A 37 year old man with sarcoidosis was referred to a rheumatology clinic at a large tertiary level referral center for complaints of diffuse right hand and left elbow swelling with digital ulcerations. He had been diagnosed with sarcoidosis 3 years before when he presented to an outside hospital with complaints of shortness of breath. He was initially managed on Prednisone. A skin rash developed, and Plaquenil was started. He then developed arthralgias for which methotrexate and leflunomide were added with transient benefit. The swelling in his right hand had been ongoing for nearly 1 year with subsequent development of digital ulcerations. When he developed left arm involvement, methotrexate and leflunomide were stopped and a second opinion was sought. Upon evaluation, infectious etiologies were considered and he was admitted for further evaluation. Apart from the soft tissue exam findings, the patient was doing well and labs were unremarkable. He was started on broad spectrum antibiotics and underwent both skin punch biopsy and deep tissue biopsy. Pathology results showed yeast and prelim fungal cultures grew mold. He was started on voriconazole to cover dimorphic fungal organisms and final culture results confirmed histoplasmosis. A prednisone taper was eventually started.
H. capsulatum is a dimorphic fungus endemic to specific areas in North and South America as well as Africa. The most common clinical manifestation of American histoplasmosis is pulmonary disease. Patients with defects in cell‐mediated immunity are at higher risk for progression to disseminated illness. Patients often present with fever, weight loss, malaise, hepatosplenomegaly, and lymphadenopathy. American histoplasmosis rarely presents as cutaneous infection and is usually indicative of disseminated illness rather than primary infection. Skin biopsy is crucial to the diagnosis in these patients and culture has remained the diagnostic gold standard. However, clinical urgency often warrants concurrent serological assays. Urine histoplasma antigen carries a higher sensitivity over the serum antigen test: 82% vs 60%, respectively.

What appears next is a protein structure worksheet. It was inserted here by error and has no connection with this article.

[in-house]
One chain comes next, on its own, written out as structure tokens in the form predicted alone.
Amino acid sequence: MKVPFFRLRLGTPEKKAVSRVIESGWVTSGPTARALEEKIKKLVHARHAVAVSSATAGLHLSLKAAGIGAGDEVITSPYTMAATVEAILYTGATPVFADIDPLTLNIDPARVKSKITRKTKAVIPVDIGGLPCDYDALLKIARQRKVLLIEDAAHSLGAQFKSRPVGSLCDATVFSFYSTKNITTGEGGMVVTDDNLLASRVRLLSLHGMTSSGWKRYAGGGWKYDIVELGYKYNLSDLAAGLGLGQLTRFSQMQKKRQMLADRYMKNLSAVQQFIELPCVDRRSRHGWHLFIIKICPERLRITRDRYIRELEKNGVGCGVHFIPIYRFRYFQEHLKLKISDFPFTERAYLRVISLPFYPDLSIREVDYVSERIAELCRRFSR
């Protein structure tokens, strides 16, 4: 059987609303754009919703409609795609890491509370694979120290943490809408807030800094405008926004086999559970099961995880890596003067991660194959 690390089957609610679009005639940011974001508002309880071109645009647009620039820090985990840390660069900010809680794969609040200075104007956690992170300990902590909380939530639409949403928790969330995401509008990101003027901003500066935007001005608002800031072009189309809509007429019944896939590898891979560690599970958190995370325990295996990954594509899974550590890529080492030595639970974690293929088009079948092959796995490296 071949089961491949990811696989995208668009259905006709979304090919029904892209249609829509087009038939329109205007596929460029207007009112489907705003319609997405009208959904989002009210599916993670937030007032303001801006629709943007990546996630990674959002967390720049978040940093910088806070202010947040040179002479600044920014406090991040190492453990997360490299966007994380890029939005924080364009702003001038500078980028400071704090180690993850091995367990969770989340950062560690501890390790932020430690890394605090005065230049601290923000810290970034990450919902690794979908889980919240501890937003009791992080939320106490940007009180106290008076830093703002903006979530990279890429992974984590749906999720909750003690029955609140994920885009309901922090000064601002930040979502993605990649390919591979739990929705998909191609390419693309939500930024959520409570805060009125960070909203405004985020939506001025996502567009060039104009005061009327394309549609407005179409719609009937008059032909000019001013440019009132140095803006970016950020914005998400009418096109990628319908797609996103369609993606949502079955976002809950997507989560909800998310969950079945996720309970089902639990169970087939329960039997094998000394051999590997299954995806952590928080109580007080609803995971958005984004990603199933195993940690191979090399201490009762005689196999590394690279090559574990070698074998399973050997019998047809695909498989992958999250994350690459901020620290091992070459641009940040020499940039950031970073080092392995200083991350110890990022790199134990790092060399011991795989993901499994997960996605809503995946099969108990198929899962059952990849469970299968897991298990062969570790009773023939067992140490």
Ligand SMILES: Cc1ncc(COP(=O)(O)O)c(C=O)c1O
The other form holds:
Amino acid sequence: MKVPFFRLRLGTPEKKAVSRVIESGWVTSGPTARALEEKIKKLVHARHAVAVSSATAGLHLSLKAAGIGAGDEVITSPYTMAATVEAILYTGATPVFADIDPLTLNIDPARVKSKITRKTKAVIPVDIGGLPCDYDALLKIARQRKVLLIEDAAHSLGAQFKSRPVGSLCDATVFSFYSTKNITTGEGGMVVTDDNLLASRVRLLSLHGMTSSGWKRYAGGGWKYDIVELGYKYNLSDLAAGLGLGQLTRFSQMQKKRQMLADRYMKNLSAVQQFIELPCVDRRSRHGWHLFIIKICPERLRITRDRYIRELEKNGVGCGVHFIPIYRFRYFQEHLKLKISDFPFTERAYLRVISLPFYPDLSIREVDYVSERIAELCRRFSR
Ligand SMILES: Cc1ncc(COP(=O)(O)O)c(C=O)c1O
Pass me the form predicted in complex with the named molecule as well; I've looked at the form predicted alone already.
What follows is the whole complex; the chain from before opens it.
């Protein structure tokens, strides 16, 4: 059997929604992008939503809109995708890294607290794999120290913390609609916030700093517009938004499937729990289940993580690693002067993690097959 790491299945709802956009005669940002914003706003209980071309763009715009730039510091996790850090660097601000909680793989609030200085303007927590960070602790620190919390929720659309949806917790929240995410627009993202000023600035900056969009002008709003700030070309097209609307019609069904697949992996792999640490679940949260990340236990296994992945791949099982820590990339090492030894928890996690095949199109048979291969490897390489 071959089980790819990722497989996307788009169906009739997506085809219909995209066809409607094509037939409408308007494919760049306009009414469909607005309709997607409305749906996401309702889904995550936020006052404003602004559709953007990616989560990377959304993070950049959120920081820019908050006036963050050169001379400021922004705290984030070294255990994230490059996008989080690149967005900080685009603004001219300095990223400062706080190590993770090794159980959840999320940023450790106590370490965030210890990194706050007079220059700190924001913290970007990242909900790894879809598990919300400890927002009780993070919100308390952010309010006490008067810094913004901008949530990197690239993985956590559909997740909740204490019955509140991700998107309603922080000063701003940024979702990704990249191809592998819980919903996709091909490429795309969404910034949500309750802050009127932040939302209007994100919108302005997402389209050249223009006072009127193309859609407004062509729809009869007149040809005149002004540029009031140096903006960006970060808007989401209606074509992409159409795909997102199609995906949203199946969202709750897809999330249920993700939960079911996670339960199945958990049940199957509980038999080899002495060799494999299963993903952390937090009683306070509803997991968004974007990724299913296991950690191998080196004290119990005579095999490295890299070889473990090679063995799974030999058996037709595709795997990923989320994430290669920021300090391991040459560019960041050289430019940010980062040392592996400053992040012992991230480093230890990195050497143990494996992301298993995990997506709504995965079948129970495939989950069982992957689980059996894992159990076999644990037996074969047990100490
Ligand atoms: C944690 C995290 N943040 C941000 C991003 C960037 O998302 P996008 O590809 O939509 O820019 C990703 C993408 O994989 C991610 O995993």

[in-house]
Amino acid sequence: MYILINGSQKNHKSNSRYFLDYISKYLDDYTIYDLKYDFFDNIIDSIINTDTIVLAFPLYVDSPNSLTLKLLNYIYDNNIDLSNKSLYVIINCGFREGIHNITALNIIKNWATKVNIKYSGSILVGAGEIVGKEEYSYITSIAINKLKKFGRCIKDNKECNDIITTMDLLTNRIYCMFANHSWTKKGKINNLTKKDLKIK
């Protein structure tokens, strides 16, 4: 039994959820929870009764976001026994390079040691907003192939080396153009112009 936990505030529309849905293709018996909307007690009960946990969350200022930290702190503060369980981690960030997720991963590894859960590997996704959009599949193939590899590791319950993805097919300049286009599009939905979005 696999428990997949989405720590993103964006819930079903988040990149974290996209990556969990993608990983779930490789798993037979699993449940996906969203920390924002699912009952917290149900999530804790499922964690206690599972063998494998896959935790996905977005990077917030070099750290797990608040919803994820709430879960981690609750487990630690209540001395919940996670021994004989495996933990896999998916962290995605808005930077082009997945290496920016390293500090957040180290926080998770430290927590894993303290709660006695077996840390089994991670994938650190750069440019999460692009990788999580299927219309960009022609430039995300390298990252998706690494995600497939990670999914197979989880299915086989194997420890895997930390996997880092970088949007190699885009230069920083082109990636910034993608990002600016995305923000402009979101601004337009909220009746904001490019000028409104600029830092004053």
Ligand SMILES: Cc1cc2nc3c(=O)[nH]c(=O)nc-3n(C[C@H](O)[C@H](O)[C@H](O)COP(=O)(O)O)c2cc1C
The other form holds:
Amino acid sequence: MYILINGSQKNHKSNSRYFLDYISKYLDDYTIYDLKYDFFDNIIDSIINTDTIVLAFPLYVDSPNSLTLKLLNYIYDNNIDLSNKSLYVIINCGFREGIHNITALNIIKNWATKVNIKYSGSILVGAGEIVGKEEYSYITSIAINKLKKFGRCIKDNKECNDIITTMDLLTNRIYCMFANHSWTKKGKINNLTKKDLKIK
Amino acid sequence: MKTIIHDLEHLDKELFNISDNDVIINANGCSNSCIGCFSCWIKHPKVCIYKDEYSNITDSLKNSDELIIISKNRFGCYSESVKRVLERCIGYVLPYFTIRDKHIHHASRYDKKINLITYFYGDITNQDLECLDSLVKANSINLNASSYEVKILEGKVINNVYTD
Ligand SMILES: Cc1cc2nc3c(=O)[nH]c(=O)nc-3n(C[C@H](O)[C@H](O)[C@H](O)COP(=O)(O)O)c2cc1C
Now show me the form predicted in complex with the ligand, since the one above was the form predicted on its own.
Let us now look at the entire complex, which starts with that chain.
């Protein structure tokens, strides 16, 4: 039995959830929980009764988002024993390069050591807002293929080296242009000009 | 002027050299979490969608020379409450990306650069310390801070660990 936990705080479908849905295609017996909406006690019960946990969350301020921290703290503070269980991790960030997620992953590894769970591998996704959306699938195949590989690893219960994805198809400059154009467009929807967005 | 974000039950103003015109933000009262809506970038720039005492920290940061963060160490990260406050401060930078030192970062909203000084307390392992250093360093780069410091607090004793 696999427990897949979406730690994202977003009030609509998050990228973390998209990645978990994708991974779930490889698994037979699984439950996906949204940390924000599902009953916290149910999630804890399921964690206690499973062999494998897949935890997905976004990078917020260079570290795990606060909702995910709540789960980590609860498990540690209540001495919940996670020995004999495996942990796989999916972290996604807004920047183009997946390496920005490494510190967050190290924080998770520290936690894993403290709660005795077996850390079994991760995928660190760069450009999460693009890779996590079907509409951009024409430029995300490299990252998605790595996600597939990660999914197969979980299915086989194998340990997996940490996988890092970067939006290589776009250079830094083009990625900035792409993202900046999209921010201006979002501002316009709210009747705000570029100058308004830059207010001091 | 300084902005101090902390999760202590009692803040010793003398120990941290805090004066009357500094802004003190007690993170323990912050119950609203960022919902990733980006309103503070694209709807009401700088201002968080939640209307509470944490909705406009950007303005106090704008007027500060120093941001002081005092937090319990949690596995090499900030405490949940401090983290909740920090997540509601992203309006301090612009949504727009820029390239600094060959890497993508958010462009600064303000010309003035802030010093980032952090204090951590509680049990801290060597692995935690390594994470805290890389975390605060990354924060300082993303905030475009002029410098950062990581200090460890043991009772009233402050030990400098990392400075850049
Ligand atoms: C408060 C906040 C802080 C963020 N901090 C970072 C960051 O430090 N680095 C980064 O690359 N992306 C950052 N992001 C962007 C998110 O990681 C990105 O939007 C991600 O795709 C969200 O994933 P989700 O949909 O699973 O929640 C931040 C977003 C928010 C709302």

There has never been a report of disseminated histoplasmosis presenting as a soft tissue infection in a patient with sarcoidosis. In this case, the precipitous clinical progression was likely due to immunosuppression in the course of treatment for presumed sarcoidosis. Clinicians should have a high index of suspicion for opportunistic infections in an immunosuppressed patient, especially when symptoms are prolonged or do not improve with initial treatment.
To cite this abstract:Atwood C. Diagnosing Granulomatous Disease: When a Zebra Is in Fact a Unicorn. Abstract published at Hospital Medicine 2014, March 24-27, Las Vegas, Nev. Abstract 325. Journal of Hospital Medicine. 2014; 9 (suppl 2). https://www.shmabstracts.com/abstract/diagnosing-granulomatous-disease-when-a-zebra-is-in-fact-a-unicorn/. Accessed March 29, 2020.